"What you actually want to do is to find an entry point first and to get the reader to acknowledge that you the communicator are trustworthy and have their best interests at heart, and then use that to change the subject of discussion. … You can then try to focus on hopes rather than fears, or acknowledge the concern but find another way of communicating about it, which doesn't simply increase the appeal of the disinformation," Butcher said.
There are some people at the extreme ends of the migration debate whose minds are already made up, and they probably won’t respond to alternative narratives or reframing. So the researchers say the focus should be on the so-called "moveable middle," which is neither strongly pro- nor anti-migration.
Another think tank, the International Center for Policy Advocacy, made the same proposal in a toolkit for campaigners in 2018. They said that in most European countries this moveable middle was between 60% and 70% of the population.
Politicians as amplifiers
It isn't possible to know empirically what effect disinformation has on society. The researchers say it is likely to play a role in polarizing public opinion, and the reports they examined support this claim.
In Italy, according to their research, an "invasion" narrative has influenced people’s perception of the extent of irregular migration, says Neidhardt. Sometimes the force of the effect also appears to be in the other direction: Politicians who have taken migration as one of their flagship political issues "not only contribute to disinforming the public by spreading the same message, but often they are the source of disinformation," he said.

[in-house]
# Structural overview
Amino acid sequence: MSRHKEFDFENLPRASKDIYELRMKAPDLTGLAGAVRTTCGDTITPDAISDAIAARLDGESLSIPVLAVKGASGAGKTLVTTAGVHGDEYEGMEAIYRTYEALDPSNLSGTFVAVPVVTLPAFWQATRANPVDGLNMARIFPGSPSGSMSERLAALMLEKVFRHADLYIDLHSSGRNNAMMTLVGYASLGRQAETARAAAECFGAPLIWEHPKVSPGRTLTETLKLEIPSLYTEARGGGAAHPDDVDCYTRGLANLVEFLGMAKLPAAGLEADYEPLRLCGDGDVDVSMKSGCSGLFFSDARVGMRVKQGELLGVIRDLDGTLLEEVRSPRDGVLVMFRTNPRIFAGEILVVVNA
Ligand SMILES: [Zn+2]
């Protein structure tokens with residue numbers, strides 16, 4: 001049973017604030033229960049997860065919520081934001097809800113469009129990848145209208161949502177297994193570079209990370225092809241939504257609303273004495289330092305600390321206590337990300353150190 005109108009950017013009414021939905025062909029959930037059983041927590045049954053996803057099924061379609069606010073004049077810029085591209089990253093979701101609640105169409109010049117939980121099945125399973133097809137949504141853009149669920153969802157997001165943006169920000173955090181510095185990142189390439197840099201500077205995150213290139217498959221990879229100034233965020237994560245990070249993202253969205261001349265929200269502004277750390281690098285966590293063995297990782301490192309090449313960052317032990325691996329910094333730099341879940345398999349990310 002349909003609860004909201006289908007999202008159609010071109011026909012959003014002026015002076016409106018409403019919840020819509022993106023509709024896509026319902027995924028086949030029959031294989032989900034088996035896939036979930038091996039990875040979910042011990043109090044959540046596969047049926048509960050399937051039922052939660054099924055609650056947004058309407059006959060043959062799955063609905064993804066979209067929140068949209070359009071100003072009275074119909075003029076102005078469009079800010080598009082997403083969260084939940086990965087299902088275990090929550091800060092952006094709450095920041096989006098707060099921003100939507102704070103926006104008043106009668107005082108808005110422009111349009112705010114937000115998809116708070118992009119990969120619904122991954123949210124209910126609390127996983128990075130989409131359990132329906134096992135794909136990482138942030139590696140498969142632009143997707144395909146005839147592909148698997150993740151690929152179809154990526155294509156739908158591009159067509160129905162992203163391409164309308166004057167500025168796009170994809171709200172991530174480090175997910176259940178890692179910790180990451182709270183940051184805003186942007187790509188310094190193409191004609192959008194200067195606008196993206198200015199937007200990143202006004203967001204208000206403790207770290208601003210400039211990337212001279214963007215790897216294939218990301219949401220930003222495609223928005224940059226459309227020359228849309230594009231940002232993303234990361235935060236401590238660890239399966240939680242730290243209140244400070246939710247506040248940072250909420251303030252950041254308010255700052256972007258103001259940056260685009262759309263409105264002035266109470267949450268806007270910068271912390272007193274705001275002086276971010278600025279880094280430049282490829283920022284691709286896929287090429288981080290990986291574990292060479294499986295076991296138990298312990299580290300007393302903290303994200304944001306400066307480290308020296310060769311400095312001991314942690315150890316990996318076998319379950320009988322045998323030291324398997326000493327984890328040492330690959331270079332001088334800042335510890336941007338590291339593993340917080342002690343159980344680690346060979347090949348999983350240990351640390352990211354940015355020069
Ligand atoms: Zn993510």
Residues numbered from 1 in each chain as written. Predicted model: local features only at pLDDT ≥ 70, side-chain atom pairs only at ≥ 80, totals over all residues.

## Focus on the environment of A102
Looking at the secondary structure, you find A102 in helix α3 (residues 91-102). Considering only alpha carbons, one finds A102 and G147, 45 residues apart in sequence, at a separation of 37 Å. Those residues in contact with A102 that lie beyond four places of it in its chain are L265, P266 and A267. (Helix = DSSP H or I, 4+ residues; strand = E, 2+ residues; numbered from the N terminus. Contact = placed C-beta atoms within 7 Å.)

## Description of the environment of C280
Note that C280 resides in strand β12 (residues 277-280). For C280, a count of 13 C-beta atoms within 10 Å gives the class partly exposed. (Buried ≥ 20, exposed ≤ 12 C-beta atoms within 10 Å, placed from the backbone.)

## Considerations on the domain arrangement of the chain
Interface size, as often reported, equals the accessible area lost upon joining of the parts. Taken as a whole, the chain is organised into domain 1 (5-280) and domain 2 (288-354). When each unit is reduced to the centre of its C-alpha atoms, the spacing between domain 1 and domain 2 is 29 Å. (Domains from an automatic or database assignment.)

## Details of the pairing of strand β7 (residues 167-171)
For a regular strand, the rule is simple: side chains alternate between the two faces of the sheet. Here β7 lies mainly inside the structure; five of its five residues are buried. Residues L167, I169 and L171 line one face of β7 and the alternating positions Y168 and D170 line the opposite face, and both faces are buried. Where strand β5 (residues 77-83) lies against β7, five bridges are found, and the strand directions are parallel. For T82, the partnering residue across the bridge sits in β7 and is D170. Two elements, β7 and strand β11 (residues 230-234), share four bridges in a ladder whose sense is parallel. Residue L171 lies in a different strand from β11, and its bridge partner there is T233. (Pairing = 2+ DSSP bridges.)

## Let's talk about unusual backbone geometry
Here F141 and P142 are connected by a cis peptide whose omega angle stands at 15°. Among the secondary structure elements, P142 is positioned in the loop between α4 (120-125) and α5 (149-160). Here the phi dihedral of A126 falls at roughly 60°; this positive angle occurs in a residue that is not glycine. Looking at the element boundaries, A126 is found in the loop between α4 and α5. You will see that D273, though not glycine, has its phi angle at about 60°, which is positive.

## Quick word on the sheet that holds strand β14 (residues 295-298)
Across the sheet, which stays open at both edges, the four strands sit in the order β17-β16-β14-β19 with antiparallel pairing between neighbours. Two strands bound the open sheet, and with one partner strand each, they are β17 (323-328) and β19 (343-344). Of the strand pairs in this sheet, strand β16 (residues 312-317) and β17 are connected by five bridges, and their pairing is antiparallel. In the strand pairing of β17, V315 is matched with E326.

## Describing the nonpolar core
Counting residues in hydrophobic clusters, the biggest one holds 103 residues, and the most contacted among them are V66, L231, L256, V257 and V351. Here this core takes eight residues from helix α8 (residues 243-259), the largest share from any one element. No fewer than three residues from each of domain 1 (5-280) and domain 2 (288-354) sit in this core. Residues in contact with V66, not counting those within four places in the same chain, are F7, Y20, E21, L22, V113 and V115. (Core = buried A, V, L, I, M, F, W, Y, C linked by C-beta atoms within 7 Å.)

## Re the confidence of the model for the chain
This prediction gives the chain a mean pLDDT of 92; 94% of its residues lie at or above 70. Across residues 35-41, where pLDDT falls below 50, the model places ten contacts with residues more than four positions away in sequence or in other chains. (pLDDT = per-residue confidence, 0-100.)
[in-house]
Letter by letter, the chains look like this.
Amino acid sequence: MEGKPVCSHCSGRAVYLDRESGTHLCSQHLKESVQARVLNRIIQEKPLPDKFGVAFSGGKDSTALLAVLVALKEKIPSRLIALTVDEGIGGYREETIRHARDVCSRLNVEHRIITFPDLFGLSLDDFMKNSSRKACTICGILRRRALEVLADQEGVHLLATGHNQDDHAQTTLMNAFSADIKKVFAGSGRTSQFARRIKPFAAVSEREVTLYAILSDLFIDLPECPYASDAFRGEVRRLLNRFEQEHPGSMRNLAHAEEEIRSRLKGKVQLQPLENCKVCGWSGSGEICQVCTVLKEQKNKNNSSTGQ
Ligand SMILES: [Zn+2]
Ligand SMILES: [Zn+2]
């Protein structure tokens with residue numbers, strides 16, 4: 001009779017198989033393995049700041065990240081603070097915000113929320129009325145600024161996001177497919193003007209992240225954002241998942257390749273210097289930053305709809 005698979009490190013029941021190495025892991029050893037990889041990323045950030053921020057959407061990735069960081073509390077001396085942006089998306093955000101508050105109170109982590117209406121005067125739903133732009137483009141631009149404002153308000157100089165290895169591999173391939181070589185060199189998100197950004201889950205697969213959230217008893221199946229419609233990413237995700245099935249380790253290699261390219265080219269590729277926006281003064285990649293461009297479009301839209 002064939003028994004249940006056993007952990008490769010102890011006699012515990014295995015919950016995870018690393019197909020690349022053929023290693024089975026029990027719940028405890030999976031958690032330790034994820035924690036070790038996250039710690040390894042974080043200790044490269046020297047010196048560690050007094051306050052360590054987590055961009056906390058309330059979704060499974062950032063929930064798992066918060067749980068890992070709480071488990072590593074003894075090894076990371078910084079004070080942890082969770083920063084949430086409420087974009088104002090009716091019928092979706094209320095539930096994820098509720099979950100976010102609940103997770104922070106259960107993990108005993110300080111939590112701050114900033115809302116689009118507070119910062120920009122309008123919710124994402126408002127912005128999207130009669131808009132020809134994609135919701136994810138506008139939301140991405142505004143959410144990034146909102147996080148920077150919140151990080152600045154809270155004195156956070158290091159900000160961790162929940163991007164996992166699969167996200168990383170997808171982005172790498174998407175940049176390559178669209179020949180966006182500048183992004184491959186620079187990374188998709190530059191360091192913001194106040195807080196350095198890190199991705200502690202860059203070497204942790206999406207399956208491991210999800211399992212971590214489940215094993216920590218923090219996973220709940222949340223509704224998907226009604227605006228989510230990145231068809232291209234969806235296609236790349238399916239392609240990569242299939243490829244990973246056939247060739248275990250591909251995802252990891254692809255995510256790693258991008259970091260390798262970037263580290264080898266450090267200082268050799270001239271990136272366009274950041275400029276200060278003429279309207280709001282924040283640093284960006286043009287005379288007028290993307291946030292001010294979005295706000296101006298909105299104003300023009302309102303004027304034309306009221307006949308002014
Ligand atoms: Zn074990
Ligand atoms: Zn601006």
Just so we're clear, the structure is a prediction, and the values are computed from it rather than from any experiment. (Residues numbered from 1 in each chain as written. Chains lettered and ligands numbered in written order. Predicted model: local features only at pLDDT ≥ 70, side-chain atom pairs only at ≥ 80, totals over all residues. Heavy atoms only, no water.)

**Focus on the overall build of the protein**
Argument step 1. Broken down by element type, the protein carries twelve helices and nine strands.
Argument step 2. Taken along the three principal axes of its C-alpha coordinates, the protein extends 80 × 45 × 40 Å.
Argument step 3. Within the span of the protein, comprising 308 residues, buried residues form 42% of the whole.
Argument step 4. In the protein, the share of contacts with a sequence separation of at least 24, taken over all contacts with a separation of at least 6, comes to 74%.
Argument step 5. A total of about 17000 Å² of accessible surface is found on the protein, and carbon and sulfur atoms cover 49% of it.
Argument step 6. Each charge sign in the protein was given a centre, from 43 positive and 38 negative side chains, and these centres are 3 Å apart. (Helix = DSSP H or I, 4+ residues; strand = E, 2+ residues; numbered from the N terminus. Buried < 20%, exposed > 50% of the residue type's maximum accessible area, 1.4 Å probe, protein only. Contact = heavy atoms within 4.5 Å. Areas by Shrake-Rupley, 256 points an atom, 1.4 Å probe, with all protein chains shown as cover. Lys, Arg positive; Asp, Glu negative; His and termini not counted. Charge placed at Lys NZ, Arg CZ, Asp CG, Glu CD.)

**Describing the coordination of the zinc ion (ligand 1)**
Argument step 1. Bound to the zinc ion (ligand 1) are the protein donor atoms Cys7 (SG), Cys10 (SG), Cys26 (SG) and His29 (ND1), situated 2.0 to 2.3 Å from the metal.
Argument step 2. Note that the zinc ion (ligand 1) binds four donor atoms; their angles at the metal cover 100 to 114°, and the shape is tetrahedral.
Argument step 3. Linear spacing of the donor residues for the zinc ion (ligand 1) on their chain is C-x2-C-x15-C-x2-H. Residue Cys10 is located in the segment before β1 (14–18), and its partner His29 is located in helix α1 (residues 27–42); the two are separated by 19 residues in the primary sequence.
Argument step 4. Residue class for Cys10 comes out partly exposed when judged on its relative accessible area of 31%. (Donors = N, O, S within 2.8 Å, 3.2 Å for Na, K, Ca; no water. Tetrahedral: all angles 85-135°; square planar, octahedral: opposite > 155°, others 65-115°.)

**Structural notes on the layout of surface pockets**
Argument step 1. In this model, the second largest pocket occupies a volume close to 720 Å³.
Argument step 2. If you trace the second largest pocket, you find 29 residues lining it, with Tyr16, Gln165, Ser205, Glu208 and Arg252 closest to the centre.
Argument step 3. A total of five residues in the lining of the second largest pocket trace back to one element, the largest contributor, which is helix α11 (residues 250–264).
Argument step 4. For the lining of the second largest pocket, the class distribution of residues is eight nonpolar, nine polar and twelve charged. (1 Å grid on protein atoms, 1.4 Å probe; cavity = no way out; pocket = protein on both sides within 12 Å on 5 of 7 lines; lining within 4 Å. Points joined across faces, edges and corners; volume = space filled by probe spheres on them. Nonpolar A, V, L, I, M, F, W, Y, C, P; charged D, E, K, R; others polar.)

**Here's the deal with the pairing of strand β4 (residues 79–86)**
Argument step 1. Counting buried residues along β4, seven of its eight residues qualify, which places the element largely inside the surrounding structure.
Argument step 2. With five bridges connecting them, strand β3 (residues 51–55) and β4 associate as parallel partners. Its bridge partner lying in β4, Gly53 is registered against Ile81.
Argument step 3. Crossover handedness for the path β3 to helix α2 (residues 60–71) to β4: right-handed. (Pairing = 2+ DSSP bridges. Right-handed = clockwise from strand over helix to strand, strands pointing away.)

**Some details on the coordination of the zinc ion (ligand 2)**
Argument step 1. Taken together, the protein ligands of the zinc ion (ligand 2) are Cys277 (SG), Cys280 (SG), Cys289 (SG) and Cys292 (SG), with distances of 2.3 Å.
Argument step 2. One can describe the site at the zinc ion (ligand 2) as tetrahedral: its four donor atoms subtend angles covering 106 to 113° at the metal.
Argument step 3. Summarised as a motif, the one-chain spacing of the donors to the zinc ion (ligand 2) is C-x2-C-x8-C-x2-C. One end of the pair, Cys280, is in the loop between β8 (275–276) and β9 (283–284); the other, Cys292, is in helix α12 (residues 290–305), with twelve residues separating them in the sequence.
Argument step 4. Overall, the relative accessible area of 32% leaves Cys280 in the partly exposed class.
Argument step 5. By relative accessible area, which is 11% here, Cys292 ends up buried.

In the case of Matteo Salvini, the stridently anti-migrant former Italian interior minister, the claim that migrants rescued by NGOs in the Mediterranean were hosted on luxurious boats was found to have originated from the former minister's Tweets. Neidhardt calls this a "mirroring" between the messages from the news channels and the "amplifiers."
Translation: "THE COMIC FINALE: ITALY ALSO GIVES ASYLUM TO AFRICANS FLEEING FROM 'EVIL SPIRITS'. It's not a joke. Right of asylum for a Nigerian fleeing a family curse to avoid becoming a shaman."
If the media should try to focus on hopes rather than fears in covering the intersection of migrants and COVID-19, for example, this doesn’t mean painting a rosy picture of migration, the researchers insist. "We are not saying anything other than trying to stress the most objective and more balanced narrative," said Neidhardt.
Alternative narratives presented by the media are also not the end of the story, the researchers say. The reason we need a normalization of the debate is because without it we won’t have good policies.
"If there is a further polarization and then political positions get even more entrenched, it’s unlikely that Europe can find a solution together with Greece in order to avoid situations such as the Greek islands face today," said Neidhardt. "Alternative narratives must facilitate this discussion."